|TAR(1)||General Commands Manual||TAR(1)|
tar — tape
tar command creates, adds files to, or
extracts files from an archive file in “tar” format. A tar
archive is often stored on a magnetic tape, but can be stored equally well
on a floppy, CD-ROM, or in a regular disk file.
One of the following flags must be present:
In addition to the flags mentioned above, any of the following flags may be used:
taruses 512 byte blocks. The default is 20, the maximum is 126. Archives with a blocking factor larger 63 violate the POSIX standard and will not be portable to all systems.
taris unable to decode. This implies the
taralways generates sparse files.
oldis a basic regular expression and
newcan contain an ampersand (&), \n (where n is a digit) back-references, or subexpression matching. The
oldstring may also contain ⟨
newline⟩ characters. Any non-null character can be used as a delimiter (/ is shown here). Multiple
-sexpressions can be specified. The expressions are applied in the order they are specified on the command line, terminating with the first successful substitution. The optional trailing
gcontinues to apply the substitution expression to the pathname substring which starts with the first character following the end of the last successful substitution. The first unsuccessful substitution stops the operation of the
goption. The optional trailing
pwill cause the final result of a successful substitution to be written to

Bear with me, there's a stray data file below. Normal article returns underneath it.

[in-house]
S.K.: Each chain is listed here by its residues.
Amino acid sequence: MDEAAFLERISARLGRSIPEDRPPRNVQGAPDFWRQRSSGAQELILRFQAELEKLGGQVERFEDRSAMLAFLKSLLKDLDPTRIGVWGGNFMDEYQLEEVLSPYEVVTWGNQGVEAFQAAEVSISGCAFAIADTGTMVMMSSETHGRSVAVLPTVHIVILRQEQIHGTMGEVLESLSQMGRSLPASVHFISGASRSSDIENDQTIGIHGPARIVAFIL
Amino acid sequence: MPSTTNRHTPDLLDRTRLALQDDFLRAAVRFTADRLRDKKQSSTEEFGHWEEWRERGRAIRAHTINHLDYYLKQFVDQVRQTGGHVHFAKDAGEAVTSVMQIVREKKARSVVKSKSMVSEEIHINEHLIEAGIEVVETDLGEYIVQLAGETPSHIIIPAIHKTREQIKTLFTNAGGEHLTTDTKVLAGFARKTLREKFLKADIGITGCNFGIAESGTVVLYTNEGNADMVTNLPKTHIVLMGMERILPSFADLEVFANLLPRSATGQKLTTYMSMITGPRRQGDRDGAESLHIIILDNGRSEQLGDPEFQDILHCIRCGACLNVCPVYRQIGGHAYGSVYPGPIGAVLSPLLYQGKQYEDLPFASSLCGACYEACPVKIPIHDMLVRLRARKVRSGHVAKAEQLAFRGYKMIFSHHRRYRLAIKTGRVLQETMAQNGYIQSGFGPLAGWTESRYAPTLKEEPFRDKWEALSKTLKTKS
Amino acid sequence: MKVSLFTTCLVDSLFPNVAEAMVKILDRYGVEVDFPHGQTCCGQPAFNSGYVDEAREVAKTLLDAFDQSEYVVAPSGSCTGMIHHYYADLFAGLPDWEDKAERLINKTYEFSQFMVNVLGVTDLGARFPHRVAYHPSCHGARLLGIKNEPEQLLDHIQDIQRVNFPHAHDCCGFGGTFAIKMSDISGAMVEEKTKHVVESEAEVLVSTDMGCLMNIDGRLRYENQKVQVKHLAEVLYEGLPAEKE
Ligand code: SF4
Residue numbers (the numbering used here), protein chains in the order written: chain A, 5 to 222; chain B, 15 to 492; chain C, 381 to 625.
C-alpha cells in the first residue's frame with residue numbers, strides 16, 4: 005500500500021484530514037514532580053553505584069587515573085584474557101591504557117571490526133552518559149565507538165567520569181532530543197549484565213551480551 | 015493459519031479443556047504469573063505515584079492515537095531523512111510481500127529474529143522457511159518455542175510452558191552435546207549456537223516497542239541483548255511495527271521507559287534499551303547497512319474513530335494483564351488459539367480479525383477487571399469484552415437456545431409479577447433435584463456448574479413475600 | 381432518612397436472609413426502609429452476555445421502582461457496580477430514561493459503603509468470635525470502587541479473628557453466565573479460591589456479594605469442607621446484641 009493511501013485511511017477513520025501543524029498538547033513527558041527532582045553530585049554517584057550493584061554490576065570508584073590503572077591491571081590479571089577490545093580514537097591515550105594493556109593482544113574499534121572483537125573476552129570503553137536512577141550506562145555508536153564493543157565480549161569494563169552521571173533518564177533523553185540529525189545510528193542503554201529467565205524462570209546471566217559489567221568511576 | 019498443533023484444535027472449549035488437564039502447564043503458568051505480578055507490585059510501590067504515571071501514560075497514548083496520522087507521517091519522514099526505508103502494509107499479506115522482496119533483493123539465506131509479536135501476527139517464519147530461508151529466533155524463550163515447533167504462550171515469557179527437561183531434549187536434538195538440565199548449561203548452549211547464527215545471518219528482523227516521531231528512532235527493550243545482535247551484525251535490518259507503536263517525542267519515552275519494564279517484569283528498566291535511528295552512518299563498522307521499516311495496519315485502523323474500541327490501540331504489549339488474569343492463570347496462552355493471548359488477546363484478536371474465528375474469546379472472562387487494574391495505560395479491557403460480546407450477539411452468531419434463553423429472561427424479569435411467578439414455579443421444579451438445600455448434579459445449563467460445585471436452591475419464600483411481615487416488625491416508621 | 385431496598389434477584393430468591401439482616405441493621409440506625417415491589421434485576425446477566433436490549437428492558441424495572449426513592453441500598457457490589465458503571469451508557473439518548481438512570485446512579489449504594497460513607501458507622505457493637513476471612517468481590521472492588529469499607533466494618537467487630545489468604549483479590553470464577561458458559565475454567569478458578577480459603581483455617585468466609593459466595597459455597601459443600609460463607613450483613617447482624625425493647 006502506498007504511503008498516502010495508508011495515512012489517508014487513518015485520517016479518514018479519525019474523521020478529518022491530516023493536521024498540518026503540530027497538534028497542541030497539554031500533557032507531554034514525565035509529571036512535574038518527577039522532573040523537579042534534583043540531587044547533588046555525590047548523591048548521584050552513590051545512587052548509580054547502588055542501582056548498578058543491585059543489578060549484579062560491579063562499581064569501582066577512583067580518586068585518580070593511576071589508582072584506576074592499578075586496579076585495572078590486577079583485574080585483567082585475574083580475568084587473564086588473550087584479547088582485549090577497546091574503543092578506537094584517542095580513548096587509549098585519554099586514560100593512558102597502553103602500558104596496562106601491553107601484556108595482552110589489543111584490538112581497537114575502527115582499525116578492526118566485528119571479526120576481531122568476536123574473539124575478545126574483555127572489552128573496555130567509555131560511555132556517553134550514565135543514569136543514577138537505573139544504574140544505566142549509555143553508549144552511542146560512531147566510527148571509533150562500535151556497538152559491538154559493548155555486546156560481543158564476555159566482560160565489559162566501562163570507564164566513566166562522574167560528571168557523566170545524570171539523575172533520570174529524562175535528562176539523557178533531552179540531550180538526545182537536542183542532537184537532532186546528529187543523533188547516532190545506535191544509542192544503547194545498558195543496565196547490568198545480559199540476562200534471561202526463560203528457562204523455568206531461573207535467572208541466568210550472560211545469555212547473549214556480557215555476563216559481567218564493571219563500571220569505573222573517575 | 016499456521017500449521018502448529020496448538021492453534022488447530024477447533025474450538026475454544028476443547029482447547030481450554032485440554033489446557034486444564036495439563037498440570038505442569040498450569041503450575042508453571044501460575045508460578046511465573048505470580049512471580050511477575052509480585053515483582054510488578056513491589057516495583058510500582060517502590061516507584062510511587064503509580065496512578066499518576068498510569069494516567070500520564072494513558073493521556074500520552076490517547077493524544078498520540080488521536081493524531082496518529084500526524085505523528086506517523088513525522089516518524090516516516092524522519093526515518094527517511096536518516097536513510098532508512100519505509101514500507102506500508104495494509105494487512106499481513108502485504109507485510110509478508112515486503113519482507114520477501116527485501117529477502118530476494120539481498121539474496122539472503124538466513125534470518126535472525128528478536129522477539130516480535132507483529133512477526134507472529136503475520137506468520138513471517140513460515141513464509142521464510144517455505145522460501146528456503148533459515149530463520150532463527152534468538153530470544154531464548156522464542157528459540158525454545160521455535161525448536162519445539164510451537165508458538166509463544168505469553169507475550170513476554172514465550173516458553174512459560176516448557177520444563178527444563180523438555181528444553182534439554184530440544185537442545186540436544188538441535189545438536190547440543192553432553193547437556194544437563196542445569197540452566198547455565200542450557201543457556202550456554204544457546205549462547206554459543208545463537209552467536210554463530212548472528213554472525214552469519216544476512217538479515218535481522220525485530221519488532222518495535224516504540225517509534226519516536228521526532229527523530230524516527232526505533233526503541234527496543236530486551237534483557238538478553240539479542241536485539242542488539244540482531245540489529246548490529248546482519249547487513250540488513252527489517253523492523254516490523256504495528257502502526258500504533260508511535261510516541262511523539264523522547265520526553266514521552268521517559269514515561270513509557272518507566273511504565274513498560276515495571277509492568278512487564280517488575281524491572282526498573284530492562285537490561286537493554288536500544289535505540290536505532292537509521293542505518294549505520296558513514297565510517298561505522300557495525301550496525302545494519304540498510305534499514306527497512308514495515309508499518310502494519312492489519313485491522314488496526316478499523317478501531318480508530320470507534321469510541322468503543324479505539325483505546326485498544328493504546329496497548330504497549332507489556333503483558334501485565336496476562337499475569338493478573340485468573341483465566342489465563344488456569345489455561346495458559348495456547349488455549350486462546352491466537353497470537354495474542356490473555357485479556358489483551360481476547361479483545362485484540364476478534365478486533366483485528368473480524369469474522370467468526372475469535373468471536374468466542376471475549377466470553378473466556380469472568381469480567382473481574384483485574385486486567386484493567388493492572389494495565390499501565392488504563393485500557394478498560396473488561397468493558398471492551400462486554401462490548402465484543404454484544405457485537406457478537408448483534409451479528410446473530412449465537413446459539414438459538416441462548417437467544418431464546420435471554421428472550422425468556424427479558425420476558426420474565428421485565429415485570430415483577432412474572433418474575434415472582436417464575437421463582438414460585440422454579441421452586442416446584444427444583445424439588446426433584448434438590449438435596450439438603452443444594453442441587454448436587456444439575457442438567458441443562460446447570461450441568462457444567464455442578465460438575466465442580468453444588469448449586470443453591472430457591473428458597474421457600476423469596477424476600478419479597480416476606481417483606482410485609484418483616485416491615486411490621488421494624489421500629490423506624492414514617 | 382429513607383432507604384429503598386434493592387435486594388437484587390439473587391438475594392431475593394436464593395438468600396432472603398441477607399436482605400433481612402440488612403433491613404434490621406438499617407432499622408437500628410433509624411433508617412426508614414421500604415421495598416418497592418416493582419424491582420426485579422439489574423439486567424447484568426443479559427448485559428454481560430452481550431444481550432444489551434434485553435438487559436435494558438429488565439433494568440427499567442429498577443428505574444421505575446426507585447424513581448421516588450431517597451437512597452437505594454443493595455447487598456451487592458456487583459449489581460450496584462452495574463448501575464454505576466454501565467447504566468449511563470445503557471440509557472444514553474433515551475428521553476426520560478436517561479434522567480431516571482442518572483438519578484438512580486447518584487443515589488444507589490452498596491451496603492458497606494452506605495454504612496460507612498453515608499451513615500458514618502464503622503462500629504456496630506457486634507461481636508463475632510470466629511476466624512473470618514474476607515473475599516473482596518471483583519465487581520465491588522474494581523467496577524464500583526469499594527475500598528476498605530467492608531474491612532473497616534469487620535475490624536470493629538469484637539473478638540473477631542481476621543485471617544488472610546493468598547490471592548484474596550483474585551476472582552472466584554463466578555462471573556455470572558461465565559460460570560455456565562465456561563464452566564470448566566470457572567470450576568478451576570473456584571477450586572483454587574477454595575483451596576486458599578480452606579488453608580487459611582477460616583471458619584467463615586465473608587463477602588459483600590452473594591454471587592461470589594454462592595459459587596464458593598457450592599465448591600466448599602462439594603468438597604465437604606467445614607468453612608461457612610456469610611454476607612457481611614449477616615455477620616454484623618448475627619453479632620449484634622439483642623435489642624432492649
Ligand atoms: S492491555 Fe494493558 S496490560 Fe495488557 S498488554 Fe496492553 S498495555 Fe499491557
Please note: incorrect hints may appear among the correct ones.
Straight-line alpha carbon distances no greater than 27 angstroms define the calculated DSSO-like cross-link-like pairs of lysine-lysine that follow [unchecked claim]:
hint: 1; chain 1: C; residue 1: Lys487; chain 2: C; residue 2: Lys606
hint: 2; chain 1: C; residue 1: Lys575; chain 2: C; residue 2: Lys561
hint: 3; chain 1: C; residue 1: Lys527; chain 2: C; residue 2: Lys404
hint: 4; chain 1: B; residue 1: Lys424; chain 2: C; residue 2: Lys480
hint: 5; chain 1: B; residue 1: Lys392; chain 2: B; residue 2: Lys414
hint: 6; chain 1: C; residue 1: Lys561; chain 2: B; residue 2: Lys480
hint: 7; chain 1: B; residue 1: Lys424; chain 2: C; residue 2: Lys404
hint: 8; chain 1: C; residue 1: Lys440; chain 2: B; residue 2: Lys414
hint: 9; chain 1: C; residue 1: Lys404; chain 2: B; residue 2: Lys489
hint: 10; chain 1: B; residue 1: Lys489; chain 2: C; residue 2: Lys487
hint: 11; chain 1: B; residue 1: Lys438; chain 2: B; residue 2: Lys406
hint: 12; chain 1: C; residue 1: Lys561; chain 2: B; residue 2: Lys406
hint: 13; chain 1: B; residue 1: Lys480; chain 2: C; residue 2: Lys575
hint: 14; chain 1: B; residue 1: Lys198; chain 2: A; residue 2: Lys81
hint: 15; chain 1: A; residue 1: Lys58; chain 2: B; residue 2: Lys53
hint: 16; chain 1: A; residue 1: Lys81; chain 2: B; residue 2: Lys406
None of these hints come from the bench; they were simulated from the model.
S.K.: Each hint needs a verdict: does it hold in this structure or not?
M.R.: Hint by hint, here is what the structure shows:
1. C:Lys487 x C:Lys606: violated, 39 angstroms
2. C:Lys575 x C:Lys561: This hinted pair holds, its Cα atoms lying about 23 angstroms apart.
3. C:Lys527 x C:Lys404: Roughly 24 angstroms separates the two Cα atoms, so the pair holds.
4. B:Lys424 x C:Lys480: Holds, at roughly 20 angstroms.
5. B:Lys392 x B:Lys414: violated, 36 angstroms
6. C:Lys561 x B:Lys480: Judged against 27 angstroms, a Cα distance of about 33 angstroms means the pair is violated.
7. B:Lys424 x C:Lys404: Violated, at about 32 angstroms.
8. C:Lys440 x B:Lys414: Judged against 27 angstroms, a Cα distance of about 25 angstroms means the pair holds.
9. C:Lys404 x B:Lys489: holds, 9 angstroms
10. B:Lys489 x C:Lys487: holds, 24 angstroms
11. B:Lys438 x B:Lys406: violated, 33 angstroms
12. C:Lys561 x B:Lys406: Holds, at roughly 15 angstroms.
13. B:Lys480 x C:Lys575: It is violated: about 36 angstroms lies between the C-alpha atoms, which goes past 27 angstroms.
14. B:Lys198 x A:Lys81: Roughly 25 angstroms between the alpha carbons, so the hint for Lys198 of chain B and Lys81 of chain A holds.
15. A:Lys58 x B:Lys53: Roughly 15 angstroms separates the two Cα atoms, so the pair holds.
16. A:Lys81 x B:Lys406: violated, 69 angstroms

standard errorin the following format:
<original pathname> >> <new pathname>
sprevents the substitutions from being performed on symbolic link destinations.
tarto prompt the user for the filename to use when storing or extracting files in an archive.
Note SysVr3/i386 picked up ISC/SCO UNIX compatibility which
file” which was defined as obtaining a list
of command line switches and files on which to operate from the
specified file, but SunOS-5 uses “
file” because they use
-F’ to mean something else. We
might someday provide SunOS-5 compatibility but it makes little sense to
confuse things with ISC/SCO compatibility.
Note that it would be more standard to use this option to mean ``do not cross filesystem mount points.''
chroot() to the current directory before extracting files. Use with
-hto make absolute symlinks relative to the current directory.
taralways unlinks files before creating them.
tarignores filenames that contain “..” as a path component. With this option, files that contain “..” can be processed.
The options [
-014578] can be used to
select one of the compiled-in backup devices,
tar will exit with one of the following
tar cannot create a file or a
link when extracting an archive or cannot find a file while writing an
archive, or cannot preserve the user ID, group ID, file mode, or access and
modification times when the
-p option is specified,
a diagnostic message is written to standard error and a non-zero exit value
will be returned, but processing will continue. In the case where
tar cannot create a link to a file,
tar will not create a second copy of the file.
If the extraction of a file from an archive is prematurely
terminated by a signal or error,
tar may have only
partially extracted the file the user wanted. Additionally, the file modes
of extracted files and directories may have incorrect file bits, and the
modification and access times may be wrong.
If the creation of an archive is prematurely terminated by a
signal or error,
tar may have only partially created
the archive which may violate the specific archive format specification.
tar command first appeared in
Version 7 AT&T UNIX.
Keith Muller at the University of California, San Diego.
|June 18, 2011||NetBSD-7.0.1|